The real problem is that wikipedia has replaced all other forms of research for students, or is at least the first place they look. I received an email from a high school student asking for a summer research position, and every scientific word was a link to wikipedia page. As in, I am interested in working on [link to organism name], specifically [link to species name]. I guess the student was trying to impress me with his research. I took the opportunity to highlight the incorrect parts of the linked entries in my reply to the student... hopefully it will have some impact on him and he'll tell his friends that you can't trust every chapter and verse in wikipedia.

Anonymous said...

Could you maybe point us to one of these pages, without compromizing your anonymity?

I think that you have enough readers to try some experiments with wikipedia

Anonymous said...

Wikipedia is an opinion poll, nothing more.

Janus Professor said...

When grading lab reports, my husband will check the bibliography for wiki-references. Any infractions lead to points deducted, which, hopefully, has a direct impact on how the student views wiki-sources.

Anonymous said...

I think that the idea of having students find errors in wikipedia entries is a great one. That would teach both the material, and the flaws in that type of reference site.

Also, shouldn't there be a way to appeal so that correct information is allowed to remain? That someone can just as easily change corrected information seems just wrong. Perhaps someone should start a website pointing out errors on wikipedia. You could read an entry and then check the "watchdog" site to make sure what you read was accurate.

Dr. Jekyll and Mrs. Hyde said...

Nicholson Baker wrote a very funny article for the NYRB last week, in which he discussed some of the Wiki abuses. I enjoyed the temporary entry on "bedbugs" before it was reverted:


Anonymous said...


there's a page like this for all 150 pokemon. i can think of no better way to discredit Wikipedia than to share this information.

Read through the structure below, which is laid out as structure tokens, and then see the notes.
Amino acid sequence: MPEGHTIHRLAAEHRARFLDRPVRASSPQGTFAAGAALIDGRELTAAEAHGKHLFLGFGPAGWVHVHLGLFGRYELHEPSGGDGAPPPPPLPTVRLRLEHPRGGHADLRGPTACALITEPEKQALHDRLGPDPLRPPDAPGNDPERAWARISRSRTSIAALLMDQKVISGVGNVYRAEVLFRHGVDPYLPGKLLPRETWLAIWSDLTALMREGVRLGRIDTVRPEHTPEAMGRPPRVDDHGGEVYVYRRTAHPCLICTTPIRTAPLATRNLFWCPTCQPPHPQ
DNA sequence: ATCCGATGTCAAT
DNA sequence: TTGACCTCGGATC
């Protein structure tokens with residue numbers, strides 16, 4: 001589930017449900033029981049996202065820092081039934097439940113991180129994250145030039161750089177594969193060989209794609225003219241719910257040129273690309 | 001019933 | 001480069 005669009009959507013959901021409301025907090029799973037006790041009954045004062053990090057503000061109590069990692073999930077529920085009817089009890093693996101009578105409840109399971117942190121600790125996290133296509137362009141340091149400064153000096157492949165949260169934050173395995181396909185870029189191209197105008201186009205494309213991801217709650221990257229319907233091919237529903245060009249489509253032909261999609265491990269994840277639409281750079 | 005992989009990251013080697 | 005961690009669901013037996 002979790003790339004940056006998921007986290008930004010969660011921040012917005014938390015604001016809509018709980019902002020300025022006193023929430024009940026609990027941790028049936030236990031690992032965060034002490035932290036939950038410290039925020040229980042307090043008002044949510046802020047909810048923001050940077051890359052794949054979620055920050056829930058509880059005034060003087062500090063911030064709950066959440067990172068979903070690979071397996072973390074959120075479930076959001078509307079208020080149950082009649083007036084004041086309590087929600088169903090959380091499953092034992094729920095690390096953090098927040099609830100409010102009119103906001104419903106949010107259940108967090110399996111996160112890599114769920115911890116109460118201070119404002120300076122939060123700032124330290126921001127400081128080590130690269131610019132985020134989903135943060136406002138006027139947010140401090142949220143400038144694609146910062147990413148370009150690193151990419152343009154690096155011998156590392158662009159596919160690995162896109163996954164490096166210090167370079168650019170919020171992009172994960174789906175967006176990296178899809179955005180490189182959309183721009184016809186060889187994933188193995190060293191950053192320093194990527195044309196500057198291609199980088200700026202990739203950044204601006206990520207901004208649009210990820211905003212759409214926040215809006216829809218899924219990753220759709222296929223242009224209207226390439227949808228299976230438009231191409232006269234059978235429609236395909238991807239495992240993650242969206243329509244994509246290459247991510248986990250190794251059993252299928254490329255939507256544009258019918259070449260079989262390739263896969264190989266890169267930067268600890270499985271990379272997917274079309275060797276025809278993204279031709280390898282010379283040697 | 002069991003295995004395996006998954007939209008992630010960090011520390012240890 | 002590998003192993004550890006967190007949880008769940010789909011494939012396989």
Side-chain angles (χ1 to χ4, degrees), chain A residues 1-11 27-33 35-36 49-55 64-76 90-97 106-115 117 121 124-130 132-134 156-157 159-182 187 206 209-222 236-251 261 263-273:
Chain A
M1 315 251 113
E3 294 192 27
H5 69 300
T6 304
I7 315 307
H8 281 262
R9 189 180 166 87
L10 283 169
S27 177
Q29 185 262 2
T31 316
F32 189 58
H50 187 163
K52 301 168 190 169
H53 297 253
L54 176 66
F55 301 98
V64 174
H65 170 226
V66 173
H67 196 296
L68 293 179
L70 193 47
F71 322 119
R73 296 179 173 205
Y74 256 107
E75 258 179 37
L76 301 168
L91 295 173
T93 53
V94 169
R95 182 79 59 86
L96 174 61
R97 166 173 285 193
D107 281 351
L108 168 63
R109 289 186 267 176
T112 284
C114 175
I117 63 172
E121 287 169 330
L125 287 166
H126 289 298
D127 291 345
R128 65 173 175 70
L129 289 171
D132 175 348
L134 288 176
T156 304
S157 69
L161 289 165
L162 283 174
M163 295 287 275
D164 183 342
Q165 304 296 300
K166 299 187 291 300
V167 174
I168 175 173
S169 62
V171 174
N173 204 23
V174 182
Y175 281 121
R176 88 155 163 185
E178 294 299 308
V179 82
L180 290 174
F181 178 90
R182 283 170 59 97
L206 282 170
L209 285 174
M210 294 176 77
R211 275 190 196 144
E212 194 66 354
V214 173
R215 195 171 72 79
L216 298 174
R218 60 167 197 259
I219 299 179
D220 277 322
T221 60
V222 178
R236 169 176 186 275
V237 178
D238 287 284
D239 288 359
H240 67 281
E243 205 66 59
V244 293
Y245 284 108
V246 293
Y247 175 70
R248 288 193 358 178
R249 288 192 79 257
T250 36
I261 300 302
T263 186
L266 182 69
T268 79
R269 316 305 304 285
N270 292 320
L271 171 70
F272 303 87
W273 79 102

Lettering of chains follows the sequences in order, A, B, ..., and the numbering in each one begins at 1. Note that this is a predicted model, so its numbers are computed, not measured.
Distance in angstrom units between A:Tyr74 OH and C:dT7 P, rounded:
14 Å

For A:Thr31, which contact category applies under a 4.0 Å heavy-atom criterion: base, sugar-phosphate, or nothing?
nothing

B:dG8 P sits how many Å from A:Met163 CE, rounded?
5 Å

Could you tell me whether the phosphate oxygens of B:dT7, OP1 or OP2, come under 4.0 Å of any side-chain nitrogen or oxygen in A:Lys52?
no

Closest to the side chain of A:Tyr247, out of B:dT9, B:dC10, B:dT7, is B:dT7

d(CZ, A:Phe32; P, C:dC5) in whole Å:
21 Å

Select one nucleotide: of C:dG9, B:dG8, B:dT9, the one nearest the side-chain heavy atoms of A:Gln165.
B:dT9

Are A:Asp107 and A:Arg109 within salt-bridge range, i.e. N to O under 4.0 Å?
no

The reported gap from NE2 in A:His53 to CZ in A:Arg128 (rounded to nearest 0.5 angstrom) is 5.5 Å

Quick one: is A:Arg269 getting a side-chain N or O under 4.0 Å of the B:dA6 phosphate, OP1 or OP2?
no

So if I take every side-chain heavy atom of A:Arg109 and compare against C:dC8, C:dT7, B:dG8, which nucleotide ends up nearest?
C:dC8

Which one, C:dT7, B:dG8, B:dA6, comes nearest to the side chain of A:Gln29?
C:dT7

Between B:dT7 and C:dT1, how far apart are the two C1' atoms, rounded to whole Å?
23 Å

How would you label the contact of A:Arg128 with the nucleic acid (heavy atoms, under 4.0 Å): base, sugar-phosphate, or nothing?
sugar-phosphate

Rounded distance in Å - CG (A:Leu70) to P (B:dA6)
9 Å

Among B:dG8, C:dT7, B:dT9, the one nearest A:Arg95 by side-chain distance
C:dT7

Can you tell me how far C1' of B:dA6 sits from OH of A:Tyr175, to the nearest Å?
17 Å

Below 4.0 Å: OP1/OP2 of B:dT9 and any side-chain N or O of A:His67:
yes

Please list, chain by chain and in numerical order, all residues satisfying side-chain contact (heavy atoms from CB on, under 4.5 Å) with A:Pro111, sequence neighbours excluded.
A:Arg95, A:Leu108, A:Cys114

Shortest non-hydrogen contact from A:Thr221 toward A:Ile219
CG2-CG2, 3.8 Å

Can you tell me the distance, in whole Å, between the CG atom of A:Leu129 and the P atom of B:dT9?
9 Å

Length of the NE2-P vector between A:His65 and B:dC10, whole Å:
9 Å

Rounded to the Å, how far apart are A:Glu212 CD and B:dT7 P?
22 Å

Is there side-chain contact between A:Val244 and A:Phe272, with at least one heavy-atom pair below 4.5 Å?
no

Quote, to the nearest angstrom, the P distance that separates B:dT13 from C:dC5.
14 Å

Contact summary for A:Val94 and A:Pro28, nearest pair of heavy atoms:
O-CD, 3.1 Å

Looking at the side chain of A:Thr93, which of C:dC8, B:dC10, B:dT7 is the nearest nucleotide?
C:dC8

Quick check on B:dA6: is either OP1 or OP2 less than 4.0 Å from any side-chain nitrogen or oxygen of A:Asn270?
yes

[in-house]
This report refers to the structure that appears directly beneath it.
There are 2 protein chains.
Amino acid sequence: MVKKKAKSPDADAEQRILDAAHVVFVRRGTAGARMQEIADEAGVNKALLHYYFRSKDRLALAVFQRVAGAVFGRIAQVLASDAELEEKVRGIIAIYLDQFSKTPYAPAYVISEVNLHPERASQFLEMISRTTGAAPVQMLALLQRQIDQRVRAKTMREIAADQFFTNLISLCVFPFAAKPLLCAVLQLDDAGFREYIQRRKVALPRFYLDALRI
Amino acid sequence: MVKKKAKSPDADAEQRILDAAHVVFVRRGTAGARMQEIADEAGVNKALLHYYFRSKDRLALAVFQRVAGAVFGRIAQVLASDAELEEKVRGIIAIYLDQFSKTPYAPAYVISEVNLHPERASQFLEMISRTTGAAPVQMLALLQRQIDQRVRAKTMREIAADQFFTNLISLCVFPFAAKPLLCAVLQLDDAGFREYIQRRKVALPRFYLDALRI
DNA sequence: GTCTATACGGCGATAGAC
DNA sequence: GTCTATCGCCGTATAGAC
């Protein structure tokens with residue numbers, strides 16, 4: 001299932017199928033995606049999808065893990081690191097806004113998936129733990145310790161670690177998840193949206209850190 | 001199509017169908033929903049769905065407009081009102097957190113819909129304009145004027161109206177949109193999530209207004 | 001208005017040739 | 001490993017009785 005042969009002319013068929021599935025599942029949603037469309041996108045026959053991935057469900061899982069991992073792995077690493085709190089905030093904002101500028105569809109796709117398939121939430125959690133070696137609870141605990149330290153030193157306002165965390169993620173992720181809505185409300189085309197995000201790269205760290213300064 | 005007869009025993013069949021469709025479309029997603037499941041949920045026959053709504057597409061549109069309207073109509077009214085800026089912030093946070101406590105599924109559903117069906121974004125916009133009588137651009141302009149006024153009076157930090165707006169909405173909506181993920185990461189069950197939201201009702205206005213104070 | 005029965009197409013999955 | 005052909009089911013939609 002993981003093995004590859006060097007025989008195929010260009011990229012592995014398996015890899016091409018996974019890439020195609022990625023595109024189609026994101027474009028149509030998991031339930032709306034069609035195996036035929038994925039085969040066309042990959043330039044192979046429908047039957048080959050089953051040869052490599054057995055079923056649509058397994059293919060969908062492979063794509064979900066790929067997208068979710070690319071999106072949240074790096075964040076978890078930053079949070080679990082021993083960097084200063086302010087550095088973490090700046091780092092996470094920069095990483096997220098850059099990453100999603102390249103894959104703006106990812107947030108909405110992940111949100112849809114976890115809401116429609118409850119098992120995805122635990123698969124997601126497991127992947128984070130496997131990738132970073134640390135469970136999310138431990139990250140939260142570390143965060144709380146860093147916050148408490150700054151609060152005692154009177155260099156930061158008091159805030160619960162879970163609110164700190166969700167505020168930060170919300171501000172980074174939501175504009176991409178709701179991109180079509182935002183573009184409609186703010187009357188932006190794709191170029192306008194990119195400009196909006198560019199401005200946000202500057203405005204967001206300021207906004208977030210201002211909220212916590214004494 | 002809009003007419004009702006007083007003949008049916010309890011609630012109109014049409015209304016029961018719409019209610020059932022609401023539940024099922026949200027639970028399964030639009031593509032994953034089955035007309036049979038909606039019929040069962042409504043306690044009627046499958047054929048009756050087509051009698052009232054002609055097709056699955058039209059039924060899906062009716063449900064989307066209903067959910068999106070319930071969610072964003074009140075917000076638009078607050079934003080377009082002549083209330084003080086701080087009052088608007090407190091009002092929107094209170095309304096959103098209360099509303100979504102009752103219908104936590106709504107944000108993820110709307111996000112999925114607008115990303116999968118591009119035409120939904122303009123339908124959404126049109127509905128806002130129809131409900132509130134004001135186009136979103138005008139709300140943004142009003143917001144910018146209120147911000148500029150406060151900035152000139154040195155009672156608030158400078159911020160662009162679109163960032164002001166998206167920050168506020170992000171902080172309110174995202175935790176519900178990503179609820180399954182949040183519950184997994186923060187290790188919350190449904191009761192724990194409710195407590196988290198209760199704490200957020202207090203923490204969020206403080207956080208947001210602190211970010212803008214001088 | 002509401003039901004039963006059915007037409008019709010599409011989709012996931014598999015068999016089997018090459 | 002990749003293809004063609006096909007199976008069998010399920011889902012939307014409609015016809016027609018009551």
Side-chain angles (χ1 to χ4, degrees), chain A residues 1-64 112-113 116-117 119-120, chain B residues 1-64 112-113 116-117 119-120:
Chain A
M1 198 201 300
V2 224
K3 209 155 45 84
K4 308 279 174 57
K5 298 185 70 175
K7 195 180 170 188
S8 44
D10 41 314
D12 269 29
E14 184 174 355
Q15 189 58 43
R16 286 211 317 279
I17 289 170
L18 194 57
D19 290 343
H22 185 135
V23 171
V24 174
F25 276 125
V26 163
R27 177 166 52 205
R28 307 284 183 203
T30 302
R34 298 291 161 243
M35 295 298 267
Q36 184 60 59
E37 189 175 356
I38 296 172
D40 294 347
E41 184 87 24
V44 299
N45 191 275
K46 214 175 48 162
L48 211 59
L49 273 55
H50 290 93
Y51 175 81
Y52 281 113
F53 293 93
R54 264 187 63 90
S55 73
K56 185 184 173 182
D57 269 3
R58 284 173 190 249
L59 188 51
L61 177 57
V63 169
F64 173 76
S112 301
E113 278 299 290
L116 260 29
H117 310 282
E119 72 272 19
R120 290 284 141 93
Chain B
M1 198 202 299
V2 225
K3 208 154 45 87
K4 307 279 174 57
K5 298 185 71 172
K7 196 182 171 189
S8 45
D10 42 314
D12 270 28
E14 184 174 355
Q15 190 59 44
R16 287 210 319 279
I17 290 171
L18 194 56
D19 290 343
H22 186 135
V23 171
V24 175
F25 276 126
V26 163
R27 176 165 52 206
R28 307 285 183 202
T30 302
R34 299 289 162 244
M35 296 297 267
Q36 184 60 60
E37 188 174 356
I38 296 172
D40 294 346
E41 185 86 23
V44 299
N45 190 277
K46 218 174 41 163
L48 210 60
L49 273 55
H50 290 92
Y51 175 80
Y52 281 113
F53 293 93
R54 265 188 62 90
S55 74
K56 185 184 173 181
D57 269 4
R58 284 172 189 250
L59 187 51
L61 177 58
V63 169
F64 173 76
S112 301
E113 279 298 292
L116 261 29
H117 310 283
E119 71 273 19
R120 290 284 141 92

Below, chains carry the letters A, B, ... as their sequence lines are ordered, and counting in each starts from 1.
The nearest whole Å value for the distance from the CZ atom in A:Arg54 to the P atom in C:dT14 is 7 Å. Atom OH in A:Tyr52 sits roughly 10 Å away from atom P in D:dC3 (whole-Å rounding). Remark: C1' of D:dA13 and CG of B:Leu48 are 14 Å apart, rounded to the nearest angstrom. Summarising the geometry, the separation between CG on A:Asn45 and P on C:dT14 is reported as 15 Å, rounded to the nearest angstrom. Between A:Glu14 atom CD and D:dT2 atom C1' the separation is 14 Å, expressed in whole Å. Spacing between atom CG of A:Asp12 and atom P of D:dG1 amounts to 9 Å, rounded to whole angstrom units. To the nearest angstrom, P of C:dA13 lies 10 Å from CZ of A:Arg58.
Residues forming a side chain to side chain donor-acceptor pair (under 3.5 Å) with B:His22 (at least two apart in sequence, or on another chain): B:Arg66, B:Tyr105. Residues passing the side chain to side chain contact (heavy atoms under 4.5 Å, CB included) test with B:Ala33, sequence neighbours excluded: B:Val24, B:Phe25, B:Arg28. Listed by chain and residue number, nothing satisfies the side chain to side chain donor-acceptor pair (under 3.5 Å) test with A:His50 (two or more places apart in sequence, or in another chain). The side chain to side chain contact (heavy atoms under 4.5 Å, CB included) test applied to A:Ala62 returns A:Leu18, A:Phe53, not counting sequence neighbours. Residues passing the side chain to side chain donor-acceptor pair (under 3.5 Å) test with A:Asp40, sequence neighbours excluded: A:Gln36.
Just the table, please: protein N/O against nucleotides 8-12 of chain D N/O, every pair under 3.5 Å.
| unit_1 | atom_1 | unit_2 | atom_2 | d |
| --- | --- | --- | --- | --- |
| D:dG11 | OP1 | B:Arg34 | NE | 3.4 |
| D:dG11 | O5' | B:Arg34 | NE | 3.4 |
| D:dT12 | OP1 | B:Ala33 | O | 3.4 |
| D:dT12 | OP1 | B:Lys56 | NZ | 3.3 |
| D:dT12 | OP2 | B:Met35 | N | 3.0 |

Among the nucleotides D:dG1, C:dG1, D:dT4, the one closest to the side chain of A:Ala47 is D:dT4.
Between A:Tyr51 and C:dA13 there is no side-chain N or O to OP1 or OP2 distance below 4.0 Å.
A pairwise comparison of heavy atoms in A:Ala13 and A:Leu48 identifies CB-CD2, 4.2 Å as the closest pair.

mentaer said...

After taking part on at least one discussion where wiki admins came with the argument of "non-relevance" for a complete article (not mine fortunately). I started to rewrite only small portions of wiki text when I see errors in it. But then I never check back if the changes are "accepted". So I can't blame myself not having tried too improve "the world".

However, I found it in the last time interesting to check the discussion entries for a wikipedia page, as this may contain some hint on missing information and problems

Anonymous said...

Obviously different fields are different.

I continue to be impressed by the high quality of most Wikipedia entries in math and physics topics, and I often point my students to these topics, either to clarify lecture points which didn't go well, or as starting points for term-project research.

I always warn students to beware of Wikipedia (and any other source) on "controversial" topics, eg anything to do with current political issues, or anything with significant "passionate believers" (eg creationism or "intelligent design"). But for "non-controversial" topics in math & physics I find the median Wikipedia entry, and even the lower 10th percentile, to be pretty good. I'm sorry to hear things are so much worse on other topics.

-- Jonathan Thornburg,
School of Mathematics, University of Southampton (UK)

Anonymous said...

I think your idea of having your students participate in an activity where they find incorrect entrees in a Wikipedia article is an excellent idea. High school students should also have to do this activity so they don't fall into the wiki trap as they go forward in their education.

I guess Wikipedia is the new Google to find general information on various topics? But it's much harder to change Wikipedia into a verb like Googled has become. :)